Lasers in Medium Wind

by Jon Emmett

The exact wind range that you would consider medium winds of course depends on your bodyweight. After all, the Laser 4.7, Radial, and Standard rigs all cater to a wide weight range of sailors. The point is, medium wind may be considered your perfect wind, like the story of Goldilocks and the three bears: not too much power, not too little power, but the amount of power that is just right! In these conditions, the Laser is a pure joy to sail, although definitely hard work because it normally means that you are continuously hiking upwind with the upper body upright during the lulls (or when trying to gain height) and fully extended during the gusts (or when trying to foot).

So, let’s repeat that. POWER! In medium winds it is all about the power: Don’t be tempted to over flatten the sail so you have to hike less! The harder you work, the faster you will go, and this is true both upwind and downwind.

Upwind, you have almost no kicker (after sheeting the sail in, just take out the slack), downhaul just to remove the biggest creases, and likewise outhaul at maximum depth (normally about a hand-length between the boom and the sail – more than this just creates extra drag). Tightening the  kicker, downhaul, or outhaul will depower the sail. The boom block and the traveller block are nearly permanently touching in the block-to-block position to give maximum leech tension. The reason you just take the slack out of the kicker is because if you added kicker it would bend the mast, which would reduce leech tension and therefore reduce power and the ability to point high upwind.

Taking more power on the reach for example will enable you to go lower and stay in the gust longer (the gust will be traveling directly downwind), then head back up in the lulls to keep average hull speed high and hopefully continue planing. This idea of heading up in the lulls to promote or continue planing is very important, and remember it is actually easier to continue planing than to promote planing in the first place. Once the boat is up to speed it is working very efficiently.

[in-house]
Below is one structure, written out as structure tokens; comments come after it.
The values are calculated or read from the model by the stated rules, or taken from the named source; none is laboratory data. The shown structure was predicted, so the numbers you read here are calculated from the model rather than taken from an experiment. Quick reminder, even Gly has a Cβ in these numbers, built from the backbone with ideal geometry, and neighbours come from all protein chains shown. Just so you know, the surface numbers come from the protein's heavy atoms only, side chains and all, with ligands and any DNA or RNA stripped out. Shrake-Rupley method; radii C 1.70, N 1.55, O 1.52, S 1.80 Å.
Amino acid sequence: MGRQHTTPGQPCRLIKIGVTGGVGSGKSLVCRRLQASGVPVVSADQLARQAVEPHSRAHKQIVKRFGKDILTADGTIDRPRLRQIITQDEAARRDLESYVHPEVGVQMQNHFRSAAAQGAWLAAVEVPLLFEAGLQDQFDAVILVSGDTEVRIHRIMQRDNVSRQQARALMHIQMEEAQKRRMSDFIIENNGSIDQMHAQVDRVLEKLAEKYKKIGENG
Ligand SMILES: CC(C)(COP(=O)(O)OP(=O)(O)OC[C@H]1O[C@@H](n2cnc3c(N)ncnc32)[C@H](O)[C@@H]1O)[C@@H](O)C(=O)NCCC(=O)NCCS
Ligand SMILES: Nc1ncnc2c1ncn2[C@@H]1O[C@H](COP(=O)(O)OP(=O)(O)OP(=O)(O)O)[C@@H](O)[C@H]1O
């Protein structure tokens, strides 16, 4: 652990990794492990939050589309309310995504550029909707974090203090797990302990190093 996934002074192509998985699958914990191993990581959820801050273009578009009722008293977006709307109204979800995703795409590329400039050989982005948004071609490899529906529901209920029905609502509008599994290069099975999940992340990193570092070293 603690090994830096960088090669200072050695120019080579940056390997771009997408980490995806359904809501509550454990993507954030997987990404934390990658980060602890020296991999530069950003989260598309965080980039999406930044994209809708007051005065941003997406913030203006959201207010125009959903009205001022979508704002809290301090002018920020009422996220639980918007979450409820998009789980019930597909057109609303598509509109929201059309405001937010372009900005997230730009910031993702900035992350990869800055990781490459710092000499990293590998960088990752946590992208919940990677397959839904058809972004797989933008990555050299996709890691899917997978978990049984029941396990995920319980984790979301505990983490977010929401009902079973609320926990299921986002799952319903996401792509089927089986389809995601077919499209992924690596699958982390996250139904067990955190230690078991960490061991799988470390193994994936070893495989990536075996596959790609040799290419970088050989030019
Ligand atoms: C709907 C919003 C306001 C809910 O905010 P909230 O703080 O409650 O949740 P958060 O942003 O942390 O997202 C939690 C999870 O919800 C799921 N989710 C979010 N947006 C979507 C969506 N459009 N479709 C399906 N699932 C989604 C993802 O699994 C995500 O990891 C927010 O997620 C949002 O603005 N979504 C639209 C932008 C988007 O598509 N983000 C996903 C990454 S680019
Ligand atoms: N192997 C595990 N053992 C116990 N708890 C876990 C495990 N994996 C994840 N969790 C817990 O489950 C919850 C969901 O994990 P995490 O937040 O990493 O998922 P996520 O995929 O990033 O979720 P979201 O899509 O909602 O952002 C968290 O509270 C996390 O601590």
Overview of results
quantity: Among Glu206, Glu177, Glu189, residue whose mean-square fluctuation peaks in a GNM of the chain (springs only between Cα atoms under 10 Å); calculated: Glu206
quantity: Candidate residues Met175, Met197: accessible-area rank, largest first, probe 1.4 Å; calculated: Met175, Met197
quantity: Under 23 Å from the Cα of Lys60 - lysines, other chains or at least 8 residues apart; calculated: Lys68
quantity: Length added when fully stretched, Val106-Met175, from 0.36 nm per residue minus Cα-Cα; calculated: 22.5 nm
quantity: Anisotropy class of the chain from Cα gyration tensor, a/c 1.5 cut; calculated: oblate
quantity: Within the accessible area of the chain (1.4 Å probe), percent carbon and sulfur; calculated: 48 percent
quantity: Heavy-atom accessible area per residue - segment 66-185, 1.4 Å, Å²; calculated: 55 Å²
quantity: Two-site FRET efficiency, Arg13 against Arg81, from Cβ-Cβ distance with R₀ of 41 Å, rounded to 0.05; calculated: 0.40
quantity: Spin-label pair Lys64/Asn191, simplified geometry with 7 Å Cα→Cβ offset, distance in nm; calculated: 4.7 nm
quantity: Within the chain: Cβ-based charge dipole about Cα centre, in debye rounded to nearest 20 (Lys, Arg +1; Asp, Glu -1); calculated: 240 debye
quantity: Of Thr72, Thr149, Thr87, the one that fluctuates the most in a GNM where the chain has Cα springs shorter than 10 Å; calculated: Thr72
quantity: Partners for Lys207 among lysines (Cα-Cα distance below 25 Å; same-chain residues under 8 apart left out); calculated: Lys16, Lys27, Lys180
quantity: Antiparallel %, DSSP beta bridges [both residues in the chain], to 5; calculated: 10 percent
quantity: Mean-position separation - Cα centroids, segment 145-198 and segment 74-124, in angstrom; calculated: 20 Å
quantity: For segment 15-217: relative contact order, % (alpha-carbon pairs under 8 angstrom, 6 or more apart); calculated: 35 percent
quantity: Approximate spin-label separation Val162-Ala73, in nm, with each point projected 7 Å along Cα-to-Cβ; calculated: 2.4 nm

To work low on the reach (or in a lull) you may well need to move your bodyweight well inboard (to leeward), and then move your bodyweight right out (just like sailing upwind) on a tighter reach or in a gust to keep the boat balance correct at all times. And don’t forget about trim, especially if the waves are large relative to the wind strength.

Downwind, you may need to do big angles (sailing hard by the lee, or coming up onto a reach) to get the boat speed high enough to surf (the closer your hull speed is to the wave speed, the easier it is to catch the waves). Remember to keep looking behind you to stay in the gusts, which will be going straight downwind and maybe narrow, meaning you need to  turn frequently to stay in them.I

Check out Jon’s NEW book Training to Win which gives details of lots of fantastic exercises to improve all aspects of your sailing, and if you are interested in Jon’s latest activities please do visit his website jonemmettsailing.